Last week DC Comics released the first Action Comics Special. Of course it was one of the comics I had added to my subscription, and I had to read it as soon as I got it. The issue offers three different stories, and acts as a final farewell to the previous creative team Dan Jurgens and Will Conrad.
First of all, lets talk about the cover by Conrad. Does it look at all familar to you? It really reminds me one of the first promo images that was released for Man of Steel. The colours are very similar too and it’s really effective.
The Last Will and Testament of Lexington Luthor by Dan Jurgens, WIll Conrad and Will Quintana
Lex develops a plot which uses Lois Lane as the key to getting Superman where he wants him. The plan is to discover and test Superman’s weakness, not physically with Kryptonite (for once), but psychologically and emotionally. However things aren’t as they seem as time travel is thrown into the mix, and Superman discovers a dark truth about the true culprit and their motives.
The story shows how bitter and twisted Lex Luthor can be, especially with the plan his ‘future’ self comes up with. What we have seen so far in films, really do not show Luthor for what he truly is. The closest true portrayal we have seen so far was Jesse Eisenberg in Batman V Superman, whereas the rest have seemed almost comical. That is not Lex Luthor and this story really conveys that.
The story flows smoothly, and it makes you want to read it quickly to find out what is going on – which is a good thing. However, there were a few panels that seemed a little our of place, and because of that I missed them and had to re-read the page. The artwork in this story is fantastic, the colours are realistic and aren’t too vibrant which adds a great tone. The story really ends with a great moral – don’t let hate and anger consume you”.
Suprema Est Lex by Jill Thompson, Romulo Fajardo Jr and Mark Russell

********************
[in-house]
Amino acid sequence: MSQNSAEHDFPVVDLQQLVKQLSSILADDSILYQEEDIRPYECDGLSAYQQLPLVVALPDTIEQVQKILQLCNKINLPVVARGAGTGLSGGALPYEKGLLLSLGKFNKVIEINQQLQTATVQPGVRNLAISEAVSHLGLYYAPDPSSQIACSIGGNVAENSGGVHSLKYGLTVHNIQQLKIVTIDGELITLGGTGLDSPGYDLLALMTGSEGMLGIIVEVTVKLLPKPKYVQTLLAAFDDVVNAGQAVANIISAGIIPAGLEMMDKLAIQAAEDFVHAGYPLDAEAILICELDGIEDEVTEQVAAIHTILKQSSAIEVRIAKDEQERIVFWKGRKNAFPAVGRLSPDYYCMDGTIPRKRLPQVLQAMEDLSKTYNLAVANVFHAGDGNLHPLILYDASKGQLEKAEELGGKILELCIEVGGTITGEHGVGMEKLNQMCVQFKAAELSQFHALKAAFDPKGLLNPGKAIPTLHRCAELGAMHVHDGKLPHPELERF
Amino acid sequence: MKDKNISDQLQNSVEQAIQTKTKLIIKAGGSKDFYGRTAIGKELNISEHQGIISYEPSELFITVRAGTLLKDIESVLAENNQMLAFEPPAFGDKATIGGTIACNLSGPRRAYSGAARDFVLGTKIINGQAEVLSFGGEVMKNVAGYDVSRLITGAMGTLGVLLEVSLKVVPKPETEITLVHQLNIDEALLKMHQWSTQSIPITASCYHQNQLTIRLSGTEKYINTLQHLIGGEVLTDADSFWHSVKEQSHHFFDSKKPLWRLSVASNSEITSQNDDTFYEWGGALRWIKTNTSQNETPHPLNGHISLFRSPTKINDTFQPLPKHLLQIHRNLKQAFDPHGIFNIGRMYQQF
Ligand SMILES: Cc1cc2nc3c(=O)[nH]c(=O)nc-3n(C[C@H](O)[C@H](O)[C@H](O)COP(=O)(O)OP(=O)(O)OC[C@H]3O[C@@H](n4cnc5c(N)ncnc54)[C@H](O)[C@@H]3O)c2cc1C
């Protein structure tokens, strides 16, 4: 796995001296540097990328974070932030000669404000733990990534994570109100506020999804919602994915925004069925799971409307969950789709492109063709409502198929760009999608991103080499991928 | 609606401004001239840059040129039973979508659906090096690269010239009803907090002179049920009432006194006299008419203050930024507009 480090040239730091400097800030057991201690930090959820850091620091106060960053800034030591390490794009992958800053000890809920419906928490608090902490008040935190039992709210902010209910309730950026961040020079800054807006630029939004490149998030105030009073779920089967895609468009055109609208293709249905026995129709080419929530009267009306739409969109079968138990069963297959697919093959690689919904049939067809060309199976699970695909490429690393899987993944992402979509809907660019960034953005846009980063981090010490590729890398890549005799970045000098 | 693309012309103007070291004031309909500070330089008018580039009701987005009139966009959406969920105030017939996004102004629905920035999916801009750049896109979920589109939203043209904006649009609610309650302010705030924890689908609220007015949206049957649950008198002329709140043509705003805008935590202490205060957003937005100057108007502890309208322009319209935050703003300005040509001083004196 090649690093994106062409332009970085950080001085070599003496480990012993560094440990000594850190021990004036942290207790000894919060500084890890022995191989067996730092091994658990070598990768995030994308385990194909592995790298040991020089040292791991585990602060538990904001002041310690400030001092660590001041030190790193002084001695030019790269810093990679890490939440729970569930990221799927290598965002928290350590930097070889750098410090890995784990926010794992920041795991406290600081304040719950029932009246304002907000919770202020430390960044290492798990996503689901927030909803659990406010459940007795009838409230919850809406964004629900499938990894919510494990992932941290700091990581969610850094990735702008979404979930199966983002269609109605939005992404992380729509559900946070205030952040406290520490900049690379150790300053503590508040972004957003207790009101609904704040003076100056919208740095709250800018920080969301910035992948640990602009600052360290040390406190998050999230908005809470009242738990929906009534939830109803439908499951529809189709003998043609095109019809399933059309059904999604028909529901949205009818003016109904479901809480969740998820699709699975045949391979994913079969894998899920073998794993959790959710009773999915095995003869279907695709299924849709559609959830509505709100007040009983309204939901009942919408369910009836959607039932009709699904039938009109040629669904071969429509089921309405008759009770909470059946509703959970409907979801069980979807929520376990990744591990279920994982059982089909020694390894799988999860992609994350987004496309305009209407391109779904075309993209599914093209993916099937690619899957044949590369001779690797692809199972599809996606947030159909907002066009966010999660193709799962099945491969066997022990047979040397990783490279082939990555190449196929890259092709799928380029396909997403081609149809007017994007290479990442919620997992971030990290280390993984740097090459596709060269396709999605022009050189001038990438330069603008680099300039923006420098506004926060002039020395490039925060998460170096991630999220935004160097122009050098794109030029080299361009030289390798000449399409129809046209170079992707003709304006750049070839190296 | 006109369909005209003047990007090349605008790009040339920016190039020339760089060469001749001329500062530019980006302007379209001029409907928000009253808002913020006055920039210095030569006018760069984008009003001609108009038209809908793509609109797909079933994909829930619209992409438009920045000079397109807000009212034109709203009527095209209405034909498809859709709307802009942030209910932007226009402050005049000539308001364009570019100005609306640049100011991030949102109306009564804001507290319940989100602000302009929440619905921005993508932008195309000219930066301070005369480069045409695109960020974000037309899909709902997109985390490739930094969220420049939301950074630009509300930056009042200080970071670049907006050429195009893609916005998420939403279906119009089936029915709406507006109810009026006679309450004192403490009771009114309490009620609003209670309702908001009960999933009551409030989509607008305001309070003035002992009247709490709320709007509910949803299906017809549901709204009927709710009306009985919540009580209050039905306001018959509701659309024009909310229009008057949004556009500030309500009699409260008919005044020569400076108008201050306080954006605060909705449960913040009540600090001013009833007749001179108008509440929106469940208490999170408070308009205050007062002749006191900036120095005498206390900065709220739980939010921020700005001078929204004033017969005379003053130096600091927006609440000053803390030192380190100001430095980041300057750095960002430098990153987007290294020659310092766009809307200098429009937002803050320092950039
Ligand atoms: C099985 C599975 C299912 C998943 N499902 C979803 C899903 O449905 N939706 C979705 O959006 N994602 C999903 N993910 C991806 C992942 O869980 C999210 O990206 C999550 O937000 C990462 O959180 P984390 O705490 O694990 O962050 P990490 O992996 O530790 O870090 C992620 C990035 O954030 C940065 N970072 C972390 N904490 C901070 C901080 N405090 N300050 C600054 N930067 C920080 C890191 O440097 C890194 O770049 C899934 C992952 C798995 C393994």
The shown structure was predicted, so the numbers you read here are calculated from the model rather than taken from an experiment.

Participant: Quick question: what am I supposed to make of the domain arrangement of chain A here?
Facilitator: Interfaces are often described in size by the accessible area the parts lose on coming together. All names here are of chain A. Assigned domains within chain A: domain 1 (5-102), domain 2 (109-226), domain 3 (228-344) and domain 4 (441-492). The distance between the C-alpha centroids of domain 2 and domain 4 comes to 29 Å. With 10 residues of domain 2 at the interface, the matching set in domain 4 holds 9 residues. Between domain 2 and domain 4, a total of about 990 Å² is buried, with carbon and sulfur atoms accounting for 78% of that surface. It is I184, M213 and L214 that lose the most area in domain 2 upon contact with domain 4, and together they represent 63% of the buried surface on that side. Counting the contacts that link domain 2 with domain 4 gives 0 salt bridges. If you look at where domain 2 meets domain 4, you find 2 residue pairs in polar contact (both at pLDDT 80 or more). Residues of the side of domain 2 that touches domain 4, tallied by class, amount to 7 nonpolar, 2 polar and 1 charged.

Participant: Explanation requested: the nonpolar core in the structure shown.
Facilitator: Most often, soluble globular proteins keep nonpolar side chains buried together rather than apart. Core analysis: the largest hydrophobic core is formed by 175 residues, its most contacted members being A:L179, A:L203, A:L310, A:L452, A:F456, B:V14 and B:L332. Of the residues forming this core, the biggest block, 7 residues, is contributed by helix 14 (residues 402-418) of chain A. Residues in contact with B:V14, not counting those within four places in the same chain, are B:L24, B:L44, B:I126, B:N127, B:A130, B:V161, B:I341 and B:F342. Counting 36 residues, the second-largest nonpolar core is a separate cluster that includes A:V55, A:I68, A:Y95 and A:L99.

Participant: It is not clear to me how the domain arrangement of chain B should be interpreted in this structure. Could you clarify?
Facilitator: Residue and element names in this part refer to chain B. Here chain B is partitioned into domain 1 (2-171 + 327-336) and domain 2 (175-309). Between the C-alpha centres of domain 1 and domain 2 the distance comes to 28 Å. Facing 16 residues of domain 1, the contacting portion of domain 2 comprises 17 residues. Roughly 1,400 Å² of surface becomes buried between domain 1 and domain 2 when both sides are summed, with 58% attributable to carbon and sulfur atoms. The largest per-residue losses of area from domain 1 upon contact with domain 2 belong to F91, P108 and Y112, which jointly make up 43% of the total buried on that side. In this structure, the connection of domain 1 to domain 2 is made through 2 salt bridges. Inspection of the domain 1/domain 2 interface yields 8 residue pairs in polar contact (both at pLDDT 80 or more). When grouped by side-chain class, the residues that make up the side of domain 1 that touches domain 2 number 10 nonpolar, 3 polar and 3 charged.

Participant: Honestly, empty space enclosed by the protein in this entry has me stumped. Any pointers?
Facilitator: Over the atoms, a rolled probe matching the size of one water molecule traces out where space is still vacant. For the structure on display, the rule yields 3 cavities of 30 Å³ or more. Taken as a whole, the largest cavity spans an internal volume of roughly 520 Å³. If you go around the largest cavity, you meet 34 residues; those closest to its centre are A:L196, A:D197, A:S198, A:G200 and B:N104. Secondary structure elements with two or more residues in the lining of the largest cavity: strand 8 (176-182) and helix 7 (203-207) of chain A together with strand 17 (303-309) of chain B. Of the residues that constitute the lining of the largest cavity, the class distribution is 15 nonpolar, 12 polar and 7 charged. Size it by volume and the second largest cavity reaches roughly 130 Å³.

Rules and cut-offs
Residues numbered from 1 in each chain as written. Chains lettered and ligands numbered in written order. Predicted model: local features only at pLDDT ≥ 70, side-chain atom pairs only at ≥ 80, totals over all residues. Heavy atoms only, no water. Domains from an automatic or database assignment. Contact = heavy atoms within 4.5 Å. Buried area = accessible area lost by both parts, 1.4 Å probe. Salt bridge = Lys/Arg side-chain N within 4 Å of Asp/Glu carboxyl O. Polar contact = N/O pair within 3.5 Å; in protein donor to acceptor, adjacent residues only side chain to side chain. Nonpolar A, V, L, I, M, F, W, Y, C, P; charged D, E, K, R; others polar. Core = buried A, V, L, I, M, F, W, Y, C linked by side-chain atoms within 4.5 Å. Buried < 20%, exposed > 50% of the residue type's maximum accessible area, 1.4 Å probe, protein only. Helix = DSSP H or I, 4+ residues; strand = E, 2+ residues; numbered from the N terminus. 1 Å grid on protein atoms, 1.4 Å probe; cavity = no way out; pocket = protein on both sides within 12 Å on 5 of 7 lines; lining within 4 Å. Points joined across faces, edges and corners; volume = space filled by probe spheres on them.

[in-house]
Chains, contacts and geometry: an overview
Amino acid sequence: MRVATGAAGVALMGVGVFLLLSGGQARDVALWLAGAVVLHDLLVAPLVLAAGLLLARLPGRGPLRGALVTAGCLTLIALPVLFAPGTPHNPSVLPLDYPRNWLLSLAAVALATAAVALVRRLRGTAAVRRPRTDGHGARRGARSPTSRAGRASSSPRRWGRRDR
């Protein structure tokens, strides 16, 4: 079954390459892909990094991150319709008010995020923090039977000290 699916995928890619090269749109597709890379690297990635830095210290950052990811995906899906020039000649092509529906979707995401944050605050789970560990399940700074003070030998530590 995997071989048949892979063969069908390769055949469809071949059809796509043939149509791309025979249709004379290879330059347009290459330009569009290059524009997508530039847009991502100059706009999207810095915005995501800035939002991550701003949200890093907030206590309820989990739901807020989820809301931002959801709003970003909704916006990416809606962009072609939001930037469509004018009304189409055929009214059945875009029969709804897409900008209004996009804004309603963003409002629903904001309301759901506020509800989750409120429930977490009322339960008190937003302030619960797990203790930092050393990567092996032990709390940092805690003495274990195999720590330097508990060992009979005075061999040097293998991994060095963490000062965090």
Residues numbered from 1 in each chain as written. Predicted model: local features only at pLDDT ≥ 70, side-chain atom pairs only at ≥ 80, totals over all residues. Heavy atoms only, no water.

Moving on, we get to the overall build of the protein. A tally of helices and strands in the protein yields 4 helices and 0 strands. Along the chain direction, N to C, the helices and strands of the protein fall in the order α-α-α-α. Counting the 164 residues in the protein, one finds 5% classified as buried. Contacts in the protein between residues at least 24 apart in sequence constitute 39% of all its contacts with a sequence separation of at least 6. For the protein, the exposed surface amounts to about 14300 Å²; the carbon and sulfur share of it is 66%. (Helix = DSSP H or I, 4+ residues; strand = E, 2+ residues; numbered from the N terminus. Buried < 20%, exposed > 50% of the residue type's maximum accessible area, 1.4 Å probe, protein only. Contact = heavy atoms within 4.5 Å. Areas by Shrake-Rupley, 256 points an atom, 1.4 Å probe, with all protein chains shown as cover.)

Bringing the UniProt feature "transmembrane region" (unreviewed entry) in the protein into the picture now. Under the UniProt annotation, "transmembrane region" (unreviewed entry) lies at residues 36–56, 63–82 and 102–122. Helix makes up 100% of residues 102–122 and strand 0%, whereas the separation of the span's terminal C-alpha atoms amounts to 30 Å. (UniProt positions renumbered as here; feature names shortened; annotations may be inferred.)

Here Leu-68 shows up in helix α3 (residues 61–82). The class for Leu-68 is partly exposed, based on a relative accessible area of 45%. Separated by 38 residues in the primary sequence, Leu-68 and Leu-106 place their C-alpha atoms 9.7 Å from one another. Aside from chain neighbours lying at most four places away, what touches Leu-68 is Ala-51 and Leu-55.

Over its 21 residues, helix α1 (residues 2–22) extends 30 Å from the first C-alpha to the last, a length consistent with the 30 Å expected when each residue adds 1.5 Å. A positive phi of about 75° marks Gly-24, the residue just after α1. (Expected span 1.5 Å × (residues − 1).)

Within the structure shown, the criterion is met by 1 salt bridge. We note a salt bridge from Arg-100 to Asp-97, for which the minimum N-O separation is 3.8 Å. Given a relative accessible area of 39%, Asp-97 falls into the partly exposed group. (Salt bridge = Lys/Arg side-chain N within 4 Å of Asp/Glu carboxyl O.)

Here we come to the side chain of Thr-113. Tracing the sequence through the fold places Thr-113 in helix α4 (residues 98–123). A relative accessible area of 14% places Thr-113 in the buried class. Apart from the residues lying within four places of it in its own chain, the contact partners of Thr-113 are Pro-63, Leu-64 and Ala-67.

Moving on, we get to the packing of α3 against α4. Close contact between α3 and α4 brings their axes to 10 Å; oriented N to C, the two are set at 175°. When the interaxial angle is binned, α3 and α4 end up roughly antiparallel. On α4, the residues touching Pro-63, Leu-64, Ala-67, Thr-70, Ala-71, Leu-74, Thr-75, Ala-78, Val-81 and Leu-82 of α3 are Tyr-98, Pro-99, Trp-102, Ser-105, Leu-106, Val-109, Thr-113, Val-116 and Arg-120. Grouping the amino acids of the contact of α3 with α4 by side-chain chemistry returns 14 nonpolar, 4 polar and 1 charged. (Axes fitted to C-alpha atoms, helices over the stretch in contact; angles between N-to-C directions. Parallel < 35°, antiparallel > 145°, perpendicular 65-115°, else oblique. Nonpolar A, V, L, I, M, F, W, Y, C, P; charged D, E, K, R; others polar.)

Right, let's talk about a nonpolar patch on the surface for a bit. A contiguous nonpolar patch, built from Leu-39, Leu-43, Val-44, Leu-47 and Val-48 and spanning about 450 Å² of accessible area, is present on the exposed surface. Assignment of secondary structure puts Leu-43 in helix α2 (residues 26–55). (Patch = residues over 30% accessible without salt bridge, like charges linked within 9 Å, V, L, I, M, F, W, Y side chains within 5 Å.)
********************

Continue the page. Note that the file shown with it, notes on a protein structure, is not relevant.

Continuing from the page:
As Metropolis celebrate Superman at the Whitehouse, Lois Lane pushes Clark to present a speech to honour all of the good he has done, and also the villains he has put away. There are some funny aspects to the story, as Clark Kent is doing a public speech whilst stood in front of a huge image of Superman – I found that hilarious!
In the story, Clark takes jibs at everyone, including the Justice League, but he really seems to be publicly humiliating Lex. And to me, I don’t think that’s in his character to do that, even for Clark Kent. The speeches almost acts as a reflection on all that Lex has done and ends with Lex thinking of becoming president. This suggests that it was this speech and this moment that influenced Lex to run for presidency.
This story is extremely easy to read, and although it is out of character, it is nice to see Clark having a bit of fun and banter with the rest of the league. The artwork is much more animated in this story, which almost makes some of the characters look goofy. But with that said, it goes with the tone of the story and you can see why they made the decision to do it that way.
Driver’s Seat by Francis Manapul, Max Landis and Steve Wands
Superman stops a homemade criminal genius as he attempts the break the law for the first time. Amidst this, Lois’ long term and sentimental car is destroyed during the take down, so Superman finds a way to cheer her up.
Although this story is very short, it is my favourite – it acts as the ‘cherry on the cake’ to the issue. This story really shows Superman for what he is, and this is why I love Superman. Although there are criminals and aliens trying to take over the world, he is still a person and he still has his own life to live, and none of that gets in the way of keeping those he cares about happy. He shows mercy and compassion for all, including the criminal and really shows his softer side in this story. It shows that small gestures can go a long way.
I absolutely adore the artwork here, its quirky and I love that you can see the brushes in the artwork too. It almost gives it a watercolour effect, especially with the colour palette used, it makes it that bit more romantic. It is a really simple story, with not much action, but the art and tone really make it come to life.
Overall, the whole book is a great read for any Superman fan. However, Superman does sometimes seem to be a sideline as a majority of the book is based around Lex Luthor. But we do, of course get to see our favourite caped crusader doing what he does best.